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Peripheral giant cell granuloma: This enormity is a rarity.

Rodrigues SV, Mitra DK, Pawar SD, Vijayakar HN - J Indian Soc Periodontol (2015 Jul-Aug)

Bottom Line: Ulcerations of the margin are occasionally seen.It normally presents as a purplish-red nodule consisting of multinucleated giant cells in the background of mononuclear stromal cells and extravasated red blood cells.This case report describes the unusual appearance of a PGCG extending from left maxillary interdental gingiva to palatal area in 32-year-old female patient.

View Article: PubMed Central - PubMed

Affiliation: Department of Periodontology, Terna Dental College, Navi Mumbai, Maharashtra, India.

ABSTRACT
Peripheral giant cell granuloma (PGCG) is an infrequent exophytic lesion of the oral cavity, also known as giant cell epulis, osteoclastoma, giant cell reparative granuloma, or giant cell hyperplasia. Lesions vary in appearance from smooth, regularly outlined masses to irregularly shaped, multilobulated protuberances with surface indentations. Ulcerations of the margin are occasionally seen. The lesions are painless, vary in size, and may cover several teeth. It normally presents as a purplish-red nodule consisting of multinucleated giant cells in the background of mononuclear stromal cells and extravasated red blood cells. This case report describes the unusual appearance of a PGCG extending from left maxillary interdental gingiva to palatal area in 32-year-old female patient.

No MeSH data available.


Related in: MedlinePlus

(a) Four months postoperative photo showing uneventful healing (buccal view); (b) 4 months postoperative photo showing uneventful healing (palatal view)
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Figure 11: (a) Four months postoperative photo showing uneventful healing (buccal view); (b) 4 months postoperative photo showing uneventful healing (palatal view)

Mentions: Healing was uneventful till 4 months postoperative [Figure 11a and b]. Patient is still under follow-up.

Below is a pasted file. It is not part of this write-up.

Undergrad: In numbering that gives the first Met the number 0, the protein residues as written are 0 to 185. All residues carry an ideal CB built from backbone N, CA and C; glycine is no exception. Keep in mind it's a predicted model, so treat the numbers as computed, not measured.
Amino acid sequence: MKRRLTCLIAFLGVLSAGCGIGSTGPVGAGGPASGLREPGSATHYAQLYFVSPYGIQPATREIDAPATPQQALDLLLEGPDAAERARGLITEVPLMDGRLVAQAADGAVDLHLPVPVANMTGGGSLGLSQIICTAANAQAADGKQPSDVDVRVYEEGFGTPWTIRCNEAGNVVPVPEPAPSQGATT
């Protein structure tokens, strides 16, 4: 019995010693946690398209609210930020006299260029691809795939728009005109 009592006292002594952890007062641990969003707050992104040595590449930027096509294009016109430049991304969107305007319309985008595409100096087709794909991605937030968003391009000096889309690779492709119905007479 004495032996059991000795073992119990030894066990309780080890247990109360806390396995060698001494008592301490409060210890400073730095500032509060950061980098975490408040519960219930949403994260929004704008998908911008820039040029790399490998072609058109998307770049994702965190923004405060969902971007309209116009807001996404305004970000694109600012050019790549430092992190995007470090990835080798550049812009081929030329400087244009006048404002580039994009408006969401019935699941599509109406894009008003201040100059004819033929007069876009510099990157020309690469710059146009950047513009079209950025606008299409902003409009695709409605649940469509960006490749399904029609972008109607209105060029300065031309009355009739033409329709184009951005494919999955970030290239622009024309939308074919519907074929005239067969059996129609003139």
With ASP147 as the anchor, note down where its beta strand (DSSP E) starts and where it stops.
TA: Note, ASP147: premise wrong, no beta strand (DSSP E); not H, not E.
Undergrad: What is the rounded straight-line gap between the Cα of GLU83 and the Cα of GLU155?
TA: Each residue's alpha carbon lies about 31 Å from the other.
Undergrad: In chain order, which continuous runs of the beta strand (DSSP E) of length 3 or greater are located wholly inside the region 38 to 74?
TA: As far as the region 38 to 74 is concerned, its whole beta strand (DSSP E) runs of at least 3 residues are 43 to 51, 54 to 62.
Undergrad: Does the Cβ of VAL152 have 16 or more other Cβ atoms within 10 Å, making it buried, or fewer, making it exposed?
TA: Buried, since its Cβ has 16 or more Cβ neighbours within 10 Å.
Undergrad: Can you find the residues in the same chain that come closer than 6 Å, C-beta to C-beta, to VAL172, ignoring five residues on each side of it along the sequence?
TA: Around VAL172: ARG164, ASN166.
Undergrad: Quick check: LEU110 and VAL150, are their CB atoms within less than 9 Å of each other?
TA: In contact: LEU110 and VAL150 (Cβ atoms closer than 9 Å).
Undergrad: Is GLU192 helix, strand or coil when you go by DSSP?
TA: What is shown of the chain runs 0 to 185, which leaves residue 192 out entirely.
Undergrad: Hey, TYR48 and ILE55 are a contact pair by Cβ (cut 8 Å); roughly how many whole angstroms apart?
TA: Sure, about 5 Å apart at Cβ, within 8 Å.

Peripheral giant cell granuloma: This enormity is a rarity.

Rodrigues SV, Mitra DK, Pawar SD, Vijayakar HN - J Indian Soc Periodontol (2015 Jul-Aug)

(a) Four months postoperative photo showing uneventful healing (buccal view); (b) 4 months postoperative photo showing uneventful healing (palatal view)
© Copyright Policy - open-access
Related In: Results  -  Collection

License
Show All Figures
getmorefigures.php?uid=PMC4555810&req=5

Figure 11: (a) Four months postoperative photo showing uneventful healing (buccal view); (b) 4 months postoperative photo showing uneventful healing (palatal view)
Mentions: Healing was uneventful till 4 months postoperative [Figure 11a and b]. Patient is still under follow-up.

Bottom Line: Ulcerations of the margin are occasionally seen.It normally presents as a purplish-red nodule consisting of multinucleated giant cells in the background of mononuclear stromal cells and extravasated red blood cells.This case report describes the unusual appearance of a PGCG extending from left maxillary interdental gingiva to palatal area in 32-year-old female patient.

View Article: PubMed Central - PubMed

Affiliation: Department of Periodontology, Terna Dental College, Navi Mumbai, Maharashtra, India.

ABSTRACT
Peripheral giant cell granuloma (PGCG) is an infrequent exophytic lesion of the oral cavity, also known as giant cell epulis, osteoclastoma, giant cell reparative granuloma, or giant cell hyperplasia. Lesions vary in appearance from smooth, regularly outlined masses to irregularly shaped, multilobulated protuberances with surface indentations. Ulcerations of the margin are occasionally seen. The lesions are painless, vary in size, and may cover several teeth. It normally presents as a purplish-red nodule consisting of multinucleated giant cells in the background of mononuclear stromal cells and extravasated red blood cells. This case report describes the unusual appearance of a PGCG extending from left maxillary interdental gingiva to palatal area in 32-year-old female patient.

No MeSH data available.


Related in: MedlinePlus